Financial industry haunted by 2008 crisis ghosts

Life was never going to be the same again for the once high  flying banking industry executive after general conclusions that the 2007/08 economic crisis rested firmly on the behavior of many bankers.

To some extent the latest PwC report on the state of the financial services industry seems to confirm this. A statement announcing the report said the financial services industries across the world are grappling with the severe stresses of a challenging economy, low interest rates, changing regulation, technological developments, and pressure on reducing pay.

“Leaders in the financial services sector are still facing some of the most challenging business conditions of their careers as profitable margins come under considerable pressure amidst the recent economic uncertainty and businesses struggle to come to terms with potentially disruptive changes in regulation and legislation,” said Tom Winterboer, PwC Financial Services Leader for Southern Africa and Africa.

The report said South Africa’s CEOs were contending with very similar issues as their global counterparts.

Johannes Grosskopf, Banking and Capital Markets Leader for PwC Africa, said “Many banks are adjusting their business models with the aim of restoring return on equity (ROE) to as near pre-crisis levels as possible by following a new formula of risk weighted asset (RWA) optimisation and other initiatives.” However, pursuing an over ambitious RoE target may result in false economies, and following too rigid a RWA optimisation could result in distorted business decisions, such as product pricing, warns the report. Banks need to be conscious of the possibility that although their actions may be rational at one level, they may result in frustrating the intentions of policymakers and precipitate a fresh wave of intervention and regulation.

Grosskopf added that the banking industry was expected to settle into a new long-run equilibrium financial model over a three to five year period, defined in terms of a capital structure, which will satisfy all stakeholders.

However the statement noted that the PwC global CEO survey, CEOs in the banking and capital markets sector remain positive about their growth prospects, despite the recent economic uncertainty of last year with almost 90% anticipating increased revenues in the next 12 months and over the next three years. In the next 12 months, 78% of banking capital market leaders anticipate expansion of their key operations in Latin America, 72% in South-East Asia, and 88% in Africa respectively.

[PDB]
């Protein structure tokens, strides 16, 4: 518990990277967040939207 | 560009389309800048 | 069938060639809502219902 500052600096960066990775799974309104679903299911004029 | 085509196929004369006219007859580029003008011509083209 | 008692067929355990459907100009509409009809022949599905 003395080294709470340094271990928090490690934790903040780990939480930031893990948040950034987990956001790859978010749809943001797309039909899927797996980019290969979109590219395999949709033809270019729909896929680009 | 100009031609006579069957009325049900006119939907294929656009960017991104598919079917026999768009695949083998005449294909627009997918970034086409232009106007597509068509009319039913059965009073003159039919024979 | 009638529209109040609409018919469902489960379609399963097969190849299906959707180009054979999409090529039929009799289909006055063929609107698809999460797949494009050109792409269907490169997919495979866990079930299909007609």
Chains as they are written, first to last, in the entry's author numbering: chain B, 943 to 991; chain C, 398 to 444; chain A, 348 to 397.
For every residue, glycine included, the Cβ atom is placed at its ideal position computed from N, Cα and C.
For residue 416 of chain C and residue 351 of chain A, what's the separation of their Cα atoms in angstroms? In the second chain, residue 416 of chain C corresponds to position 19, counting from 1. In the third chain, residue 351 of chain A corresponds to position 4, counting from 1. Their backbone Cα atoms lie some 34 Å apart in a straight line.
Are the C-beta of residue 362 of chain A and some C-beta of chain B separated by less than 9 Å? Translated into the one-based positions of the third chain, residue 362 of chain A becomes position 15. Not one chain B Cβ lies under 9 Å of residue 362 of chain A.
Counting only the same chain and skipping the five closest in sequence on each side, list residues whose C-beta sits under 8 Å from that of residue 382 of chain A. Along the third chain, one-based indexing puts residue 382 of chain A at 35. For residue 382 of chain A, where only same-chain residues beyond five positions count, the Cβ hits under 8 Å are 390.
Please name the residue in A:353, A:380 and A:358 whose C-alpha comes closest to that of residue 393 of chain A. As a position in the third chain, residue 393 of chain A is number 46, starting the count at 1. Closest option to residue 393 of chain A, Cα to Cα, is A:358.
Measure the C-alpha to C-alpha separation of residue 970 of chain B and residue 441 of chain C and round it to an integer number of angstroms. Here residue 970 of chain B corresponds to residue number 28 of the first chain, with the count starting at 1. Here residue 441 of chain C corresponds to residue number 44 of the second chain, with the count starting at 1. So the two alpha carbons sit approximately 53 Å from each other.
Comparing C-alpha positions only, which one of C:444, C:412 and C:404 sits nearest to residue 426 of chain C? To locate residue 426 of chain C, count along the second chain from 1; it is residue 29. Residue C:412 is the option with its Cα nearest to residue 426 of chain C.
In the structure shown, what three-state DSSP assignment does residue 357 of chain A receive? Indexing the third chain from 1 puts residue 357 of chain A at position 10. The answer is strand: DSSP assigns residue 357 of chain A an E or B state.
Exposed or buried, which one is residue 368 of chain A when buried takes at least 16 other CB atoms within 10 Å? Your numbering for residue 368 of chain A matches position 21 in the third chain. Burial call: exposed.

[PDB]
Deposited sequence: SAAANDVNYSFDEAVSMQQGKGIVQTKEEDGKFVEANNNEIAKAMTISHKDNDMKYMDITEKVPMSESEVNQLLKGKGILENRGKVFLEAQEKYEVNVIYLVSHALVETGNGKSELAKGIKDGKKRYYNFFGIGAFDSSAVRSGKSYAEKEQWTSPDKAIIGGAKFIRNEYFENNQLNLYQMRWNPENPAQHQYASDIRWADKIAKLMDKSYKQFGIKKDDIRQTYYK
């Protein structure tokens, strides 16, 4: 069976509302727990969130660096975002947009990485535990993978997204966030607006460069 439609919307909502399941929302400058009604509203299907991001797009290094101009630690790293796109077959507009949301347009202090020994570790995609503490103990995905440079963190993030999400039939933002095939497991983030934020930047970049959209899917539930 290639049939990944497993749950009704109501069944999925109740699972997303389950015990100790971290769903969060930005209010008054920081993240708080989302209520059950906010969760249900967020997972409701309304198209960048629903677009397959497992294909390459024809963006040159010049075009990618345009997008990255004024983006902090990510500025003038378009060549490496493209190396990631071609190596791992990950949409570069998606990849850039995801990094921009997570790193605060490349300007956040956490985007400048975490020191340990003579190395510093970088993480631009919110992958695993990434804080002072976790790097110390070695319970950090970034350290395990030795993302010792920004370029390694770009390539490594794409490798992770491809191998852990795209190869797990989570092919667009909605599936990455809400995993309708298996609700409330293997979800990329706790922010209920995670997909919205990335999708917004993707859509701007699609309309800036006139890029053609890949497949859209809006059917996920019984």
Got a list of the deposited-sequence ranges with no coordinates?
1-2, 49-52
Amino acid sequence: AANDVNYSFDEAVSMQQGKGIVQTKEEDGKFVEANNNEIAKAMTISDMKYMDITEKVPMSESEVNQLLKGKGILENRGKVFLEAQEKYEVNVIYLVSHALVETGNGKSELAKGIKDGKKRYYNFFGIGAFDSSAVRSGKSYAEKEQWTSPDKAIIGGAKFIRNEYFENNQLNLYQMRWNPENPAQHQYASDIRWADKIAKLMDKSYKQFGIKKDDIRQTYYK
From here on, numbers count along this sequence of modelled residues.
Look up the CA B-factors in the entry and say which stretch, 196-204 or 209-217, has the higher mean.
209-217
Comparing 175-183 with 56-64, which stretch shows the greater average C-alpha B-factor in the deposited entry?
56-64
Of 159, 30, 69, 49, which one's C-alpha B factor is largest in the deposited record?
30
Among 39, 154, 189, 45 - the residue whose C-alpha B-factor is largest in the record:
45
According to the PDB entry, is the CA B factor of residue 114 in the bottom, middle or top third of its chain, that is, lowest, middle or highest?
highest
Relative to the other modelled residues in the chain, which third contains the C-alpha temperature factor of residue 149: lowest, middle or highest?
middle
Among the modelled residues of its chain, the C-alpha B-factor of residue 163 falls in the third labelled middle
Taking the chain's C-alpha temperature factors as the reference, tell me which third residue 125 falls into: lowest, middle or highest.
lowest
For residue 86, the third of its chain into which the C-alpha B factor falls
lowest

It added that despite most insurers’ optimism about revenue growth in the near term, most see the prospects for the overall economy as tentative at best, with only 15% of CEOs believing that it will improve over the next 12 months. Nearly a quarter expect the economy to decline, though this is a much less pessimistic outlook than last year, when nearly half anticipated worse times ahead.

The statement said with slow growth in mature markets, many CEOs see greater potential in the still largely under penetrated emerging markets of South America, Asia, Africa, and the Middle East.

Victor Muguto, Long-Term Insurance Leader for PwC Africa said “Worldwide the insurance industry is also undergoing regulatory change”. South Africa’s regulators are also implementing proposals similar to Solvency II in Europe adapted to local conditions, more particularly SAM.

Muguto said SAM will undoubtedly result in significant changes and challenges for insurers, but it should be a regime that leads to better capturing and management of risk resulting in insurers not holding more capital than they should. “The primary purpose of the SAM regime is the protection of policyholders, which will be achieved through developing a risk-based approach to supervision; aligning insurers’ capital requirements with their underlying risks and providing them with incentives to adopt more sophisticated risk management processes.”

In addition to the implementation of the SAM regime, South Africa has its own social reform agenda which could change the way insurers carry out their businesses over the next few years. Some of these include proposals to treat customers fairly which are aimed at regulating the market conduct of financial services providers, and pension, health and retirement fund proposals which are still in the process of development.

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